KAPAA — The mynah birds sitting atop the Norfolk trees ringing the Memorial Hall at the All Saints’ Episcopal Church and Preschool chirped their displeasure as the first sounds of the bell wafted in the morning air.
The time was 8:30 a.m. Saturday and the All Saints Episcopal Church was one of many churches statewide who hosted a remembrance service on the occasion of the 100th anniversary of Queen Lili‘uokalani’s passing.
David Murray of the All Saints church said the occasion of the 100th anniversary of the death of Queen Lili‘uokalani with the tolling of bells and prayer and commemorative observances are encouraged as an important memorial and rememberance of the Queen.
Sierra Gore of the All Saints church said the First Hawaiian Church in Kapaa was planning on tolling its bell, along with the church in Anahola where Nathan Kalama attends.
Sandi Sterker of the Hanapepe Hawaiian Congregational Church said it planned for a special service, which included the ringing of the bell 100 times as well as singing and responses.
Queen Lili‘uokalani died on Nov. 11, 1917 and the Episcopal Diocese of Hawaii is honoring her life by tolling their bells 100 times and hold service in celebration of the life of the last monarch of the Kingdom of Hawaii.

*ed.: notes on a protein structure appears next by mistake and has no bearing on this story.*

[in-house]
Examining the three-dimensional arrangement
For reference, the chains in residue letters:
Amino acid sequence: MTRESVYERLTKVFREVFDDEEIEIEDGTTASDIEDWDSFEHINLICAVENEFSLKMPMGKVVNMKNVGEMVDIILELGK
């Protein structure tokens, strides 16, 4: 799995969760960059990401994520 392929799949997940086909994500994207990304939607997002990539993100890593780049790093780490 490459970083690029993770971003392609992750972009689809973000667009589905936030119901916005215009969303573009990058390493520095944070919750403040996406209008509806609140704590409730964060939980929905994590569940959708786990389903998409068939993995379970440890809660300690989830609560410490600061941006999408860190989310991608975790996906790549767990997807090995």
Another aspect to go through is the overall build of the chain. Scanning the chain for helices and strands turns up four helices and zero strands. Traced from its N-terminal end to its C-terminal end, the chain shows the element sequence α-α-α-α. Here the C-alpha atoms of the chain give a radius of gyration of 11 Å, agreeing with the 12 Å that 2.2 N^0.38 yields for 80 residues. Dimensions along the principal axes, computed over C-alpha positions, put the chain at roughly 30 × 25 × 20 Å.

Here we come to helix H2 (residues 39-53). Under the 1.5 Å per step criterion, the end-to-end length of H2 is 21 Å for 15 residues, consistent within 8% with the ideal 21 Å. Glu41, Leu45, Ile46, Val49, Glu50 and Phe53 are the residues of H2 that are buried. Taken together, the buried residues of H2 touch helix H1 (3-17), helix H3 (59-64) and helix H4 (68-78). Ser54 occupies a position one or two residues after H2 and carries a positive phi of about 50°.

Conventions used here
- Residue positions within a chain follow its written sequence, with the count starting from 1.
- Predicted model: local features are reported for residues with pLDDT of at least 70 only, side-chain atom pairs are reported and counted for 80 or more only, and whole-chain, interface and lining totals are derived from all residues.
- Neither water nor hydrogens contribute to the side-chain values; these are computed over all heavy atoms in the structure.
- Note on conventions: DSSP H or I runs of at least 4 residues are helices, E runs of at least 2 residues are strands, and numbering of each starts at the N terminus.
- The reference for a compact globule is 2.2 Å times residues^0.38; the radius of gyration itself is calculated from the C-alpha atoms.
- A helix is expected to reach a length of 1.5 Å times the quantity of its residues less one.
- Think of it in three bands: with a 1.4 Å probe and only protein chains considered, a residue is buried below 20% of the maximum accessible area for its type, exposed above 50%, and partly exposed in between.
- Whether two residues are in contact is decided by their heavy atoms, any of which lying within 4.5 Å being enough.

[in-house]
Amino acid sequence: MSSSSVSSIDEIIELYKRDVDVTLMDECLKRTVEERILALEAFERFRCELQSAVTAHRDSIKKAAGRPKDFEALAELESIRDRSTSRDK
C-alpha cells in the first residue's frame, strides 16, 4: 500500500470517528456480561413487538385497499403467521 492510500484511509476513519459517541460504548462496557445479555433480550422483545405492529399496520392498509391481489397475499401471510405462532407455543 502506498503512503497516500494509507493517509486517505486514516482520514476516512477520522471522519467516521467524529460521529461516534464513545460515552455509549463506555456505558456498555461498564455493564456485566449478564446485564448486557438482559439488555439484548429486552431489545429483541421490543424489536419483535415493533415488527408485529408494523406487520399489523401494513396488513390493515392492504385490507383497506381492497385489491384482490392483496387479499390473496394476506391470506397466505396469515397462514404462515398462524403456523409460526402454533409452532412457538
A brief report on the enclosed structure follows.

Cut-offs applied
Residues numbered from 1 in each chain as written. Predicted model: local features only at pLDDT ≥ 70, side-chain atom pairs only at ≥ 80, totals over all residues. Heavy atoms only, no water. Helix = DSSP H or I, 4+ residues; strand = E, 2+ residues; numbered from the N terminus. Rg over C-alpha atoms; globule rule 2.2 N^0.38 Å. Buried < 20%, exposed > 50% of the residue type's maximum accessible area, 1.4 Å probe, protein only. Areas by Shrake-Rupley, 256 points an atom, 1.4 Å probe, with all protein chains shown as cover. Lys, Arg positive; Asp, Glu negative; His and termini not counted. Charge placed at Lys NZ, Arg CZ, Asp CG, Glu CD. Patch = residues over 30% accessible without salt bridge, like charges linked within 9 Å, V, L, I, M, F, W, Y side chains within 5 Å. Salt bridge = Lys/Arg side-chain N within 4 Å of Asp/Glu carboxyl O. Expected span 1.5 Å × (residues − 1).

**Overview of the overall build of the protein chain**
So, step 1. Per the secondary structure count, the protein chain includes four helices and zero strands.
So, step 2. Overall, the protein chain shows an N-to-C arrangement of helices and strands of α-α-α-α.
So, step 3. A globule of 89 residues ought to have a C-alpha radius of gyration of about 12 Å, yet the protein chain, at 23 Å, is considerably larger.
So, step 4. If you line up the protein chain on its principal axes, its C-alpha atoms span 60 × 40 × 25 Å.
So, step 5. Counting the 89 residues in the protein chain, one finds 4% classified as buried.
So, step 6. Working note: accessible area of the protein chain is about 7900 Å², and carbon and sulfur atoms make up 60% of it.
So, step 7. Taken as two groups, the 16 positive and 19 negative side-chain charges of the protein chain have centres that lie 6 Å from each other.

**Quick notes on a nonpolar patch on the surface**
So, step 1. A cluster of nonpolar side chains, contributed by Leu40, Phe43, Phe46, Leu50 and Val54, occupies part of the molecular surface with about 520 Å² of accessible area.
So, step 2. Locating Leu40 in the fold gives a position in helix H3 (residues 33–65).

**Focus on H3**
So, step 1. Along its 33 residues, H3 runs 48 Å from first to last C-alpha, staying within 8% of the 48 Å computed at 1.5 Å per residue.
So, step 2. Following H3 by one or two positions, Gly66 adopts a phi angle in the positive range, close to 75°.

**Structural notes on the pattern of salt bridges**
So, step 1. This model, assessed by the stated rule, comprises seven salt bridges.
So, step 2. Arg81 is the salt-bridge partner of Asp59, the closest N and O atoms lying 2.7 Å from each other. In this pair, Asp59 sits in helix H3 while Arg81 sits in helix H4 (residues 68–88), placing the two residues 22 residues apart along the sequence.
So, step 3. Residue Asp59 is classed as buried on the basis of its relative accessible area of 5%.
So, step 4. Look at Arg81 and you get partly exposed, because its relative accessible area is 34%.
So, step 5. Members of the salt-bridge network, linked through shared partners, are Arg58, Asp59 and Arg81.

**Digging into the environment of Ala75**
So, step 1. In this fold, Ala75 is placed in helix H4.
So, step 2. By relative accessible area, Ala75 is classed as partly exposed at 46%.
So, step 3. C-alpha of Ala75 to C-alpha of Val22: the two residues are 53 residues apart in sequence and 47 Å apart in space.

“This was the Queen’s church,” said Rev. Ryan Newman. “She passed at 8:30 a.m., the same time we’re tolling the bell 100 times.”
Julie Souza, president of Ahahui Ka‘ahumanu, a benevolent Hawaiian society, was joined by members Liberta Albao and Elaine Panui in presenting ho‘okupu to a portrait of the Queen as Hawaiian music filtered through the morning air, greeting the nearly two dozen people who joined the Ahahui Ka‘ahumanu ladies in remembering the Queen’s life of faith, devotion and service to Ke Akua Mana Loa.
“I like this church,” Souza said. “There is a lot of Hawaiian things — the music, the sayings — taking place.”
Strains of the familiar “Aloha o‘e” accompanied the tolling of the bells and the congregation offered more mele composed by the Queen, including “Ke Aloha O Ke Akua (Queen’s Prayer).”